With the release of kit-kat i.e., version 4.4.2, Google is going the Apple way. That is, it won’t let apps access the external storage for writing. I had even issues with my PlayerPro music player reading content on the external storage. The advantage with Android phones was one could add-on to space by using a micro-SD card or such. This reduced the base price of the phone which was very attractive proposition for someone considering between an iPhone and an Android. But now that seems no longer a criteria. What is the point of buying, say, 64GB of storage when apps cannot fully utilize it. Geeks have figured out a way around this by hacking the Android settings. But this is something that a layman wouldn’t be able to do. Moreover, I have found with this hack (you need to essentially change settings in the platform.xml file in /system/etc/permissions folder) gets overwritten every so often. Meaning I will need to keep on applying the change again and again. The rumor is this issue of not being able to access external storage will be fixed in the next release of the Android OS, but that is still a rumor. Hope Google listens to feedback and sets this right. Else it makes it easier for folks to go the Apple way.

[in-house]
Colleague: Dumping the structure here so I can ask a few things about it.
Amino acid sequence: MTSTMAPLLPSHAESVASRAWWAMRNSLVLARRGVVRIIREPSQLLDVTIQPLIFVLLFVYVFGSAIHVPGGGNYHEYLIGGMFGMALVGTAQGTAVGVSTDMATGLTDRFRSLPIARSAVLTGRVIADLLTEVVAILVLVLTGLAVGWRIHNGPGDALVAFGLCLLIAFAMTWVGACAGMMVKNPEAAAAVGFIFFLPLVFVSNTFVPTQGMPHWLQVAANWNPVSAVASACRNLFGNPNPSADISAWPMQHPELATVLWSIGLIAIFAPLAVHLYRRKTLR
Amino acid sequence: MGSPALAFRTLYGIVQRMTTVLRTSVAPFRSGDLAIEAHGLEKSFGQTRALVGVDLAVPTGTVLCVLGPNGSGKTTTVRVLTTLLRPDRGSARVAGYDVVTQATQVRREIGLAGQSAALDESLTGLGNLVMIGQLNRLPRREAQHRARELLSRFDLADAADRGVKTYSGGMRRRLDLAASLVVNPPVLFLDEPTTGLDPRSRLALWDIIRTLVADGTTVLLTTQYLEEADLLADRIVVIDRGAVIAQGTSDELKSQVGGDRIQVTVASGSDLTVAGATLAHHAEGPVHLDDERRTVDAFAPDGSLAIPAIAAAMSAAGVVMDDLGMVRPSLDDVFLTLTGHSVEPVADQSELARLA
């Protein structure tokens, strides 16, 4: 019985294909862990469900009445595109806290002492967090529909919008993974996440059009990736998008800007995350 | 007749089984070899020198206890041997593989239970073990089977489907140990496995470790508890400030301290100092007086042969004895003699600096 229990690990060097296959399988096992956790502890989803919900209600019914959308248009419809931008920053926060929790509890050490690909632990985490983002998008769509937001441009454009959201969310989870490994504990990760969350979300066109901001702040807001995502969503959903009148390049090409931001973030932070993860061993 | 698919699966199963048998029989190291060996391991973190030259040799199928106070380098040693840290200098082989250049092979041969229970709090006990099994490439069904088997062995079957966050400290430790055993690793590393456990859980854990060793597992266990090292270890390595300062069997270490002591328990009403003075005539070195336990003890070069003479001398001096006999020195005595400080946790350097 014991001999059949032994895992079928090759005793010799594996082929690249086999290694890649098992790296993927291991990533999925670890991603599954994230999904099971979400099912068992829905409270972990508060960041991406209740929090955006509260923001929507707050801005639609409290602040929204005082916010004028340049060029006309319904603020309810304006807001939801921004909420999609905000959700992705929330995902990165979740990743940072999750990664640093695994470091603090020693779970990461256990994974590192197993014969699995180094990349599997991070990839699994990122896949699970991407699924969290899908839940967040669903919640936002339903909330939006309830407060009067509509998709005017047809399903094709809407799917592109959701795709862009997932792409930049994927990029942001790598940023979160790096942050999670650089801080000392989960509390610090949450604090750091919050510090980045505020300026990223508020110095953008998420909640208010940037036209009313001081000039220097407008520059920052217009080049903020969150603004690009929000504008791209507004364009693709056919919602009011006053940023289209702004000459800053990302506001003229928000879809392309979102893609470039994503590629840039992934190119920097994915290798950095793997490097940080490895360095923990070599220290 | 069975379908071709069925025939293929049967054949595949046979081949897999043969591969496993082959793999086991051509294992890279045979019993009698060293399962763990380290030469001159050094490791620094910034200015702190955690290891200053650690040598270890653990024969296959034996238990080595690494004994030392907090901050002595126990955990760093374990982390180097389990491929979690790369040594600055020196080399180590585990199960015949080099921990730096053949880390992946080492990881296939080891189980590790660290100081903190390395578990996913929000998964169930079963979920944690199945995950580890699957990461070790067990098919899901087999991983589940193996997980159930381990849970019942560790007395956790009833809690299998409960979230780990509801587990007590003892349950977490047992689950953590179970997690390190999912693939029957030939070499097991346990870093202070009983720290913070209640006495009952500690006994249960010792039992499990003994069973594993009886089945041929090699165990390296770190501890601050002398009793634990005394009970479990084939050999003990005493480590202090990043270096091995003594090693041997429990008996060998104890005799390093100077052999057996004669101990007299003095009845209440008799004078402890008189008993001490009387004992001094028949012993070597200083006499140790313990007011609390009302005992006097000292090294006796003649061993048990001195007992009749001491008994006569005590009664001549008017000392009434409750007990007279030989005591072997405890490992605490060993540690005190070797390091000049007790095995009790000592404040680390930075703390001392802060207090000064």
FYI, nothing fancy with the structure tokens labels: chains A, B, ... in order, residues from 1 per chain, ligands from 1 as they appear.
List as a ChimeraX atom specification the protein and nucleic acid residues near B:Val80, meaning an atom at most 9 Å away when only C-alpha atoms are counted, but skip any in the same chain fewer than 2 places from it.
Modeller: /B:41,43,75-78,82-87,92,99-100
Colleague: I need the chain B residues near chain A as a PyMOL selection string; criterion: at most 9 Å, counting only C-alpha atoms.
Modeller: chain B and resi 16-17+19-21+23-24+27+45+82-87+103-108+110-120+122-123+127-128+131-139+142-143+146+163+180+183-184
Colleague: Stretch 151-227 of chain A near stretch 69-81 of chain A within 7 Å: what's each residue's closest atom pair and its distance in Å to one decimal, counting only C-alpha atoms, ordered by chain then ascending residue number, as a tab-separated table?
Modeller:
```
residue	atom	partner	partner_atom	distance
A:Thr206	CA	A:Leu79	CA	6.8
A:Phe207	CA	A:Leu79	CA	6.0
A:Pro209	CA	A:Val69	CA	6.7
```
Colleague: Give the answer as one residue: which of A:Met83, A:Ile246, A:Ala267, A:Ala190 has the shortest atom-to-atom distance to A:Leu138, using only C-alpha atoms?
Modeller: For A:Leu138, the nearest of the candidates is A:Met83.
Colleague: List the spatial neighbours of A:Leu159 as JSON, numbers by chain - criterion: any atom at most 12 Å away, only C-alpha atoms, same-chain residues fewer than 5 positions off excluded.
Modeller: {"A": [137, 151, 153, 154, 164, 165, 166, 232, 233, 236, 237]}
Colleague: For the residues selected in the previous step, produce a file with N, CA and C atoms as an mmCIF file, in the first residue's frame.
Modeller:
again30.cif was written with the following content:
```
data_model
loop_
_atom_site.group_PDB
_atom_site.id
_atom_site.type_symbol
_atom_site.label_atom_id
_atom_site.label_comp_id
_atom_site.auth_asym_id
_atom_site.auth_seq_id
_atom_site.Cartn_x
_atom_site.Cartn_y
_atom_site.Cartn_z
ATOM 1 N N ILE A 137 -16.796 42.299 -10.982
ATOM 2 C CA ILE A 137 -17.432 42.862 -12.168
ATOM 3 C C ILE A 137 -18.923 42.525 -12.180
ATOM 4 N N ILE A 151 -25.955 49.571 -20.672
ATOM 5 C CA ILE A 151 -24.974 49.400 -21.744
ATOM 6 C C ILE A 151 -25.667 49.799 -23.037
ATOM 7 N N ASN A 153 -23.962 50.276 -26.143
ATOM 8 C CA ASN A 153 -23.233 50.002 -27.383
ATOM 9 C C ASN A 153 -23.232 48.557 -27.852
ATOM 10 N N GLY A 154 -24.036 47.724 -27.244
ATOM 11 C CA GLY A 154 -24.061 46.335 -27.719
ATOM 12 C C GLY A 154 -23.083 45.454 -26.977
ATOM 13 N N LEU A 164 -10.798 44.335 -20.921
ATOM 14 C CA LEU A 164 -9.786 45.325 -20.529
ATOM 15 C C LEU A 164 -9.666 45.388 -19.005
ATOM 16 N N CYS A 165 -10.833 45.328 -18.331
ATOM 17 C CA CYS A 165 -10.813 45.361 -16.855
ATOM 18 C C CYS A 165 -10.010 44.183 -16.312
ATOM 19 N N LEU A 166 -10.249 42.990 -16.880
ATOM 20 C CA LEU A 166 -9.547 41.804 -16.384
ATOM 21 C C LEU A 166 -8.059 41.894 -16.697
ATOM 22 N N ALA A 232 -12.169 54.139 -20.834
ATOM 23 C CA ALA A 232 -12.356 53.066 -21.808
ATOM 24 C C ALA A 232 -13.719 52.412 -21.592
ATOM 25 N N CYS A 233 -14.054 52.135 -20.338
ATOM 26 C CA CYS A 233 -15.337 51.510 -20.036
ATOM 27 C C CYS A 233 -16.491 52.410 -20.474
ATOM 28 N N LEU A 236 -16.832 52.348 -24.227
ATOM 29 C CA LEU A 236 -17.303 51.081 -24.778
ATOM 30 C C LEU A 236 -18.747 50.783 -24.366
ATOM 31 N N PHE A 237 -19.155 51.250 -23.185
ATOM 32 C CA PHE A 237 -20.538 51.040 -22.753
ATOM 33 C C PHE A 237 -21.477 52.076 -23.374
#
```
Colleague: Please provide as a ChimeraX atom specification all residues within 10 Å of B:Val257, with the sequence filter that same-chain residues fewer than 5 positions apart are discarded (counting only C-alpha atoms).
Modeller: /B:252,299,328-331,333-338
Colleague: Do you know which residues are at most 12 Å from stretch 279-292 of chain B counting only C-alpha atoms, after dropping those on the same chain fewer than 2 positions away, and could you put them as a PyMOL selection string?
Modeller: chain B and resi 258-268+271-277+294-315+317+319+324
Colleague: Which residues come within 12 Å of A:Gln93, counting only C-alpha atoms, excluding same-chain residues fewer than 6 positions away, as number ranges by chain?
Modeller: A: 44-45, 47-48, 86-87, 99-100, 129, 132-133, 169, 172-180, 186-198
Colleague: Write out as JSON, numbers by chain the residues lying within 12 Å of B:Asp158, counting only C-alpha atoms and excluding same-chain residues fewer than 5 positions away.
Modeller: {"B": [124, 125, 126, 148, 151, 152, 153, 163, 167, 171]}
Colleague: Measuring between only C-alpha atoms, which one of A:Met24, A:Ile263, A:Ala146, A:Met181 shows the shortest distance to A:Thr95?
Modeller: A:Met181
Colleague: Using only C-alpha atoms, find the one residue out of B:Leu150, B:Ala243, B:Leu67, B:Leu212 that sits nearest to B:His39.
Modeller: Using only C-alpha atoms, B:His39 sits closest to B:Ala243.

On another note, which is a good thing, Google just upped the limit to upload your music to its cloud servers to 50,000 songs. That is a helluva lot of music. And the storage is free. You can to use Google Music Manager to upload your song library. There are some limits such as all your music, where convertible, will be stored as mp3 files and if your songs exists on the Google Cloud servers, an upload isn’t necessary but Google will maintain track of the song(s) as part of your library. With all your music on Google servers, you don’t have to worry about backing up your huge library (assuming it is huge such as mine which is about 80GB) and secondly, you can listen to all of your music on either your smart phone or a computer or any device that has access to the internet. If you are using a cellular service provider such as T-Mobile, streaming data from Google Play Music doesn’t count against the bandwidth. Maybe with this expanded storage for your music, the need for additional storage on your device might be not so much necessary. But I like to have all my music on my smart phone just in case there is no internet connection.